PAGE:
India said on Wednesday it is sceptical about clinching a controversial nuclear deal with the United States, but will not give up trying to convince critics and opponents as the pact is key to the country's growth.
New Delhi's doubts over the fate of the deal, which has faced a rough ride since it was conceived in 2005, were voiced at the end of a parliament debate over the pact, which brought Prime Minister Manmohan Singh's coalition to the brink of collapse.
"If it fructifies ... if it happens, then you will find who is correct, who is not correct," Foreign Minister Pranab Mukherjee told the Upper House, a day after opposition lawmakers and communist allies once again slammed the deal.
Mukherjee said he was not sure of the deal going through "because there are so many hurdles". He did not elaborate.
India still needs to conclude a safeguards agreement with the International Atomic Energy Agency, get the backing of the Nuclear Suppliers Group of nations and the approval of the US Congress before the deal can be sealed.
Analysts say not all these steps are expected to go through smoothly and within Washington's informal deadline -- the middle of next year, after which the US presidential election campaign is expected to hurt serious legislative business.
Previous governments in New Delhi had also faced a storm of domestic opposition when they initiated economic reform or joined the World Trade Organisation, but in hindsight those decisions were proved to be right, Mukherjee said.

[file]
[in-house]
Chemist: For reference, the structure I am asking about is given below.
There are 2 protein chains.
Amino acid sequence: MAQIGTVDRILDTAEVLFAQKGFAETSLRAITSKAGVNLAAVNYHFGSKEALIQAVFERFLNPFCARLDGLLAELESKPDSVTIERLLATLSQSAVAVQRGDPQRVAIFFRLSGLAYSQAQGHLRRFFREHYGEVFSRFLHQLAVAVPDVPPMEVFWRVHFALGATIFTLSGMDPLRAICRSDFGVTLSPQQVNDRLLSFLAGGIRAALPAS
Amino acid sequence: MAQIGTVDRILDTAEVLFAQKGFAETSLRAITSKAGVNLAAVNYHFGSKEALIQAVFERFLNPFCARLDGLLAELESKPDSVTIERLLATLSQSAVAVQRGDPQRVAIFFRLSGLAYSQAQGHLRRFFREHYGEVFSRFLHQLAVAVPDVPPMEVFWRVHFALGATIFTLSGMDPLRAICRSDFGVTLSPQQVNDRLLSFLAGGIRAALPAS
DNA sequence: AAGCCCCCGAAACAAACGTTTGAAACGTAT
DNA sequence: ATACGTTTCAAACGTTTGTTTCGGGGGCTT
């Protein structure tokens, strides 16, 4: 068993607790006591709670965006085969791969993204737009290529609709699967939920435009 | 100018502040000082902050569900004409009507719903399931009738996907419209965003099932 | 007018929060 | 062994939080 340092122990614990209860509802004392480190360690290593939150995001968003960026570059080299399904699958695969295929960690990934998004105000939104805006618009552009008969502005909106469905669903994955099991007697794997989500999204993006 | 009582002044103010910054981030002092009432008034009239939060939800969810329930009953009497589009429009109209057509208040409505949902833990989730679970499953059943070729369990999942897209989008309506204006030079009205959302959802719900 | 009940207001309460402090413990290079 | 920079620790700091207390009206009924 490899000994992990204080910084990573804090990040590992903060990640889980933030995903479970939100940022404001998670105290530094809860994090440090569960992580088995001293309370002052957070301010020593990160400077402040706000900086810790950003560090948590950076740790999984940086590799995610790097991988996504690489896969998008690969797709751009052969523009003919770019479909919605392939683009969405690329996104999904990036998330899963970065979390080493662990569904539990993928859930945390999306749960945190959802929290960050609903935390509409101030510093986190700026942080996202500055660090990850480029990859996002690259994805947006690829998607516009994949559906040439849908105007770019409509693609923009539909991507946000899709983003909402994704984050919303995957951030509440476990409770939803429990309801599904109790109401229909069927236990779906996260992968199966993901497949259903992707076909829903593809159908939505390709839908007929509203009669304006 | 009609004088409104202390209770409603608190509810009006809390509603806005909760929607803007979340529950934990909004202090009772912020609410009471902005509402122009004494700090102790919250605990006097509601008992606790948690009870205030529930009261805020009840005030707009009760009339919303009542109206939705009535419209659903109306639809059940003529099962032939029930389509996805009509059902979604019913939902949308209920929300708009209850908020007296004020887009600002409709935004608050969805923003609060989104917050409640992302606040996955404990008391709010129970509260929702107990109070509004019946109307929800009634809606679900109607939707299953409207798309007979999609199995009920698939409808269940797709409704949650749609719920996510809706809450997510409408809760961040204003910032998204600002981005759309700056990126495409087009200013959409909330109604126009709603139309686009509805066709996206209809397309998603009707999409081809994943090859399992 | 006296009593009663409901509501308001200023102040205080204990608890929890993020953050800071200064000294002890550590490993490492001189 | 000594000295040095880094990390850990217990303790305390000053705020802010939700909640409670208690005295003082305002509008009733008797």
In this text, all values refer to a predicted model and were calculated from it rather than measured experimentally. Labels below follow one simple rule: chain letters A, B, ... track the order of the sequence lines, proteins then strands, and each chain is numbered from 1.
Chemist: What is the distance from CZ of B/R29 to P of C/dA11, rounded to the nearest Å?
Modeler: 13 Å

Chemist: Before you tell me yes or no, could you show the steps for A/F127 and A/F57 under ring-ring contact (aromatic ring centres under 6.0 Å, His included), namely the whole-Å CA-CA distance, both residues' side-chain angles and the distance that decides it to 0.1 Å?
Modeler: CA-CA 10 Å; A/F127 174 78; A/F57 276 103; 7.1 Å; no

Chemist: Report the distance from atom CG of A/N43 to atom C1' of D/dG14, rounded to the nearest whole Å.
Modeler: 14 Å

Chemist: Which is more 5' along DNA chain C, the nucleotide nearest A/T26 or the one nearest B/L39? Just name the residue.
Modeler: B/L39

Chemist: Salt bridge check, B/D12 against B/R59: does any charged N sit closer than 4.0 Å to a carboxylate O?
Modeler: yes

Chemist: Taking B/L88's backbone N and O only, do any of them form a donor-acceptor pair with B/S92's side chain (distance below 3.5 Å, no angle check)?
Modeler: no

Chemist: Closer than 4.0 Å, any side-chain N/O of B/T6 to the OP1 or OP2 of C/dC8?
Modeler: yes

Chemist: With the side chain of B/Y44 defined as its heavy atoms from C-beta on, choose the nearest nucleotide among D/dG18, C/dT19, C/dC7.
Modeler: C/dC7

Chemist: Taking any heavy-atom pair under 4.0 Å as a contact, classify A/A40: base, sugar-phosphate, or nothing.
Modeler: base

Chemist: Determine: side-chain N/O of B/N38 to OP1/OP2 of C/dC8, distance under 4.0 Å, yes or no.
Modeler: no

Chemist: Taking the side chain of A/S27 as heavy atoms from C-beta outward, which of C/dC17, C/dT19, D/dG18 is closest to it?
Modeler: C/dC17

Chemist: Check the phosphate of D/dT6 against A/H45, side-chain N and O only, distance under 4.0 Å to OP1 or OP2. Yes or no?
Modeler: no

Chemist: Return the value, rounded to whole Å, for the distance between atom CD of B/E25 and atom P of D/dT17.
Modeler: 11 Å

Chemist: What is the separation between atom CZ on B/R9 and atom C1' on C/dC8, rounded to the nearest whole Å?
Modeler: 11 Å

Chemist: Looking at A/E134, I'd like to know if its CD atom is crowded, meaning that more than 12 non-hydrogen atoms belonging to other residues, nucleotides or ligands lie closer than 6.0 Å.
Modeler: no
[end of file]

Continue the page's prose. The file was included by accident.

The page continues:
"We were correct, you were wrong," Mukherjee said. "I am not saying that you are going to be proved this time also but let us try, we are sincerely trying, we require energy, we require technology."
The nuclear pact aims to end more than three decades of sanctions against nuclear commerce between New Delhi and Washington even though India has stayed out of the Non-Proliferation Treaty (NPT) and tested nuclear weapons.
But communist allies of Singh, as well as the Hindu nationalist opposition, have rejected it, saying it compromises sovereignty and imposes American influence.
The communists had threatened to end support to the government if it pursued key global approvals needed to clinch the deal, but relented to give a conditional go-ahead.
Mukherjee said he agreed with some lawmakers that nuclear energy seemed expensive now.
"Perhaps it will not appear too costly tomorrow," he said. "Let us not contain ourselves only for today, let us look at our future, let us look at our tomorrow."
His comments came a day after the US envoy to India, David Mulford, told business leaders that Washington continued to encourage New Delhi to push the deal.
"In the recent period, we have been respectful of India's democratic process, and will continue to be," he said.